Battle of Imphal

Infobox Military Conflict
conflict=Battle of Imphal

caption=Gurkhas advancing with tanks to clear the Japanese from Imphal-Kohima road [N.E. India]
partof=Burma Campaign
date=8 March - 3 July 1944
place=Imphal, Manipur, India
result=Decisive Allied Victory
combatant1=flagicon|India|British|size=24px Indian IV Corps
combatant2=flagicon|Japan|alt Japanese 15th Army
commander1=flagicon|UK William Slim
flagicon|UK Geoffrey Scoones
flagicon|UK Jack Baldwin (air)
commander2=flagicon|Japan|alt Renya Mutaguchi
flagicon|Japan|alt Masakasu Kawabe
flagicon|Japan|alt Kotoku Sato
strength1=4 Infantry Divisions
1 Armoured Brigade
1 Parachute Brigade
strength2=3 Infantry Divisions
1 Tank Regiment
casualties1=17,500 killed and woundedLouis Allen, "Burma: The Longest War", p. 638]
casualties2=53,879 killed and wounded

The Battle of Imphal took place in the region around the city of Imphal, the capital of the state of Manipur in North-East India from March until July 1944. Japanese armies attempted to destroy the Allied forces at Imphal and invade India, but were driven back into Burma with heavy losses. Together with the simultaneous Battle of Kohima on the road by which the encircled Allied forces at Imphal were relieved, the battle was the turning point of the Burma Campaign, part of the South-East Asian Theatre of World War II.

The situation

At the start of 1944, the war was going against the Japanese on several fronts. They were being driven back in the central and south west Pacific. In south east Asia, they had held their lines over the preceding year, but the Allies were preparing several offensives from India and Yunnan into Burma. In particular, the town of Imphal in Manipur on the frontier with Burma was built up to be a substantial logistic base, with airfields, encampments and supply dumps.

Imphal was held by the Indian IV Corps, commanded by Lieutenant-General Geoffrey Scoones. The corps was in turn part of the British Fourteenth Army under Lieutenant General William Slim. Because the Allies were planning to take the offensive themselves, the corps' units were thrown forward almost to the Chindwin River and widely separated, being vulnerable to being cut off.

*Indian 20th Infantry Division occupied Tamu. The division was untried but well-trained.
*Indian 17th Infantry Division occupied Tiddim, at the end of a long and precarious line of communication. The division, which had two brigades only, had been intermittently in action since December 1941.
*Indian 23rd Infantry Division was in reserve in Imphal. It had served on the Imphal front for two years and was severely understrength as a result of endemic diseases such as malaria and typhus.
*Indian 50th Parachute Brigade was north of Imphal, conducting advanced jungle training.
*254th Indian Tank Brigade was stationed in and around Imphal.

Japanese plan

Late in 1943, the Japanese command in Burma had been reorganised. A new headquarters, Burma Area Army, was created under Lieutenant-General Masakasu Kawabe. One of its subordinate formations, responsible for the central part of the front facing Imphal and Assam, was Fifteenth Army, whose new commander was Lieutenant-General Renya Mutaguchi.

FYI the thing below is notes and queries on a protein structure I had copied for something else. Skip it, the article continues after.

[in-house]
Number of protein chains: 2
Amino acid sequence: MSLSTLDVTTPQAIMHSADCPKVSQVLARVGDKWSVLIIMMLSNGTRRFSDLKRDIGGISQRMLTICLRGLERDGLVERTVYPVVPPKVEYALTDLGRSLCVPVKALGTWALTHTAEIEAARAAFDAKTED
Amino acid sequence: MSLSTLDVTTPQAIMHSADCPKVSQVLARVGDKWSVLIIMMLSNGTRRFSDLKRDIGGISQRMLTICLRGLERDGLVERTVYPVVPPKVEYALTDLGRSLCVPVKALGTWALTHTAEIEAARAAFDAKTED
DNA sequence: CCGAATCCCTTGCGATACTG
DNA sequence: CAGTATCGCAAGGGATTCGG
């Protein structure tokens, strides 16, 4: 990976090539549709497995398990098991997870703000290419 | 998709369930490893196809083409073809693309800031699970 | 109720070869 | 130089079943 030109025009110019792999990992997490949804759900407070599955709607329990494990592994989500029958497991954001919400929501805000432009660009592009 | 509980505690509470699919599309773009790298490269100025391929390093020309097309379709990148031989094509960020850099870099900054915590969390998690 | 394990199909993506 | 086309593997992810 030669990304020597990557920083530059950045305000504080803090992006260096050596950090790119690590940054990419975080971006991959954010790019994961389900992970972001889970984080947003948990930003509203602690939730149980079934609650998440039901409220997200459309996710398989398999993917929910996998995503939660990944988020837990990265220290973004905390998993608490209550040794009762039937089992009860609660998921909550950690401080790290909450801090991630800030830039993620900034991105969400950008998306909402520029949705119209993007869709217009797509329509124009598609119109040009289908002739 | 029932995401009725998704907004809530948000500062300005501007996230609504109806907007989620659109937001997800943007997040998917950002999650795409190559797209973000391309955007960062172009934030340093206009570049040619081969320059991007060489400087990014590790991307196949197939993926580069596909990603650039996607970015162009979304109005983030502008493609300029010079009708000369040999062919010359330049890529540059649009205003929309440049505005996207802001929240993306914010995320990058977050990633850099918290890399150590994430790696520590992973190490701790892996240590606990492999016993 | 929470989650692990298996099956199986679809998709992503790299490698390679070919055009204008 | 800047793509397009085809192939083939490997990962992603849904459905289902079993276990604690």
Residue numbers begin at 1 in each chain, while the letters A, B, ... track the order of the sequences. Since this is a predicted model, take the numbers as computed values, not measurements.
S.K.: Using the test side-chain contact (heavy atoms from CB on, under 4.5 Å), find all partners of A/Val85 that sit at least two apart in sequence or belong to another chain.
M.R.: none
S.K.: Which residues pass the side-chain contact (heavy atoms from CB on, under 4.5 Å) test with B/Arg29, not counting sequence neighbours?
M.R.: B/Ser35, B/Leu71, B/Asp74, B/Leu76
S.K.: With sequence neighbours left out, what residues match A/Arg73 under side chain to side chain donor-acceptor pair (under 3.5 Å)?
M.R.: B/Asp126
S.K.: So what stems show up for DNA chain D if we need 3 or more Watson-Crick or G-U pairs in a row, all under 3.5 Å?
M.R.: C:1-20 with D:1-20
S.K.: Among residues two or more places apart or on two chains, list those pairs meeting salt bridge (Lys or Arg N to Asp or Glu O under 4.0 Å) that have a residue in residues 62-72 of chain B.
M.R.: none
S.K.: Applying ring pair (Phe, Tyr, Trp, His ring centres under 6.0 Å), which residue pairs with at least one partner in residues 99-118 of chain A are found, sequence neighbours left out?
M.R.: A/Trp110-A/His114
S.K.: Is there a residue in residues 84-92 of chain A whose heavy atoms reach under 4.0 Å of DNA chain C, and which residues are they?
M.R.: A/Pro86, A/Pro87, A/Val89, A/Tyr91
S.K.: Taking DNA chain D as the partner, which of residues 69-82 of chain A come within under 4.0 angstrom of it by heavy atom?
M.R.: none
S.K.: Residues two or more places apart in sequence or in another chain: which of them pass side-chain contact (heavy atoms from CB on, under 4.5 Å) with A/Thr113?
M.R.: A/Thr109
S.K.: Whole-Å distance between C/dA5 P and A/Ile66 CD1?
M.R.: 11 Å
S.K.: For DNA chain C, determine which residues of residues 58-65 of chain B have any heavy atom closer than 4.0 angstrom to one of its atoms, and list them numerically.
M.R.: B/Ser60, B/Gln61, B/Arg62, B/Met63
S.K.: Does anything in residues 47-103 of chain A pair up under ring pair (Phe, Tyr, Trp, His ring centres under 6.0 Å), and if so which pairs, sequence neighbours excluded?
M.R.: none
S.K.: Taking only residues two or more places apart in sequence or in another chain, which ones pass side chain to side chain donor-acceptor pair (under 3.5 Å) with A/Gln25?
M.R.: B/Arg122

From the moment he took command, Mutaguchi forcefully advocated an invasion of India. His motives for doing so appear to be complex.He had played a major part in several Japanese victories, ever since the Marco Polo Bridge incident in 1937 and believed it was his destiny to win the decisive battle of the war for Japan. He may also have been goaded by the first Chindit expedition, a raid behind Japanese lines launched by the British under Orde Wingate early in 1943. The Allies had widely publicised the successful aspects of Wingate's expedition while concealing their losses to disease and exhaustion, possibly misleading Mutaguchi and some of his staff as to the difficulties they would later face.

Mutaguchi planned to exploit the capture of Imphal by advancing to the Brahmaputra River valley, thereby cutting the Allied supply lines to their front in northern Burma, and to the airfields supplying the Nationalist Chinese under Chiang Kai-shek over "The Hump". Although the staff at Burma Area Army HQ and at Southern Expeditionary Army Group HQ had reservations over the scale of his proposed operation, they were eventually induced to support it when War Minister Hideki Tojo and Imperial Army HQ favoured attacking India.

Mutaguchi intended to cut off and destroy the Allied units in their forward positions and then capture Imphal. His plan was name U-Go, or Operation C. In detail:
*The Japanese 33rd Infantry Division under Lieutenant-General Motoso Yanagida would destroy the Indian 17th Division at Tiddim, then attack Imphal from the south.
*"Yamamoto Force", formed from units detached from the Japanese 33rd and 15th Divisions under Major-General Tsunoru Yamamoto (commander of 33rd Division's Infantry Group), would destroy the Indian 20th Division at Tamu, then attack Imphal from the east. The force was supported by the 14th Tank Regiment, equipped with 66 assorted tanks, under Lieutenant Colonel Nobuo UedaLouis Allen, "Burma:The Longest War", pp.221-224] and the 3rd Heavy Artillery Regiment under Lieutenant Colonel Kazuo Mitsui.
*The Japanese 15th Infantry Division under Lieutenant-General Masafumi Yamauchi would envelop Imphal from the north. This division was still arriving from road-building duties in Thailand and was understrength at the start of the operation.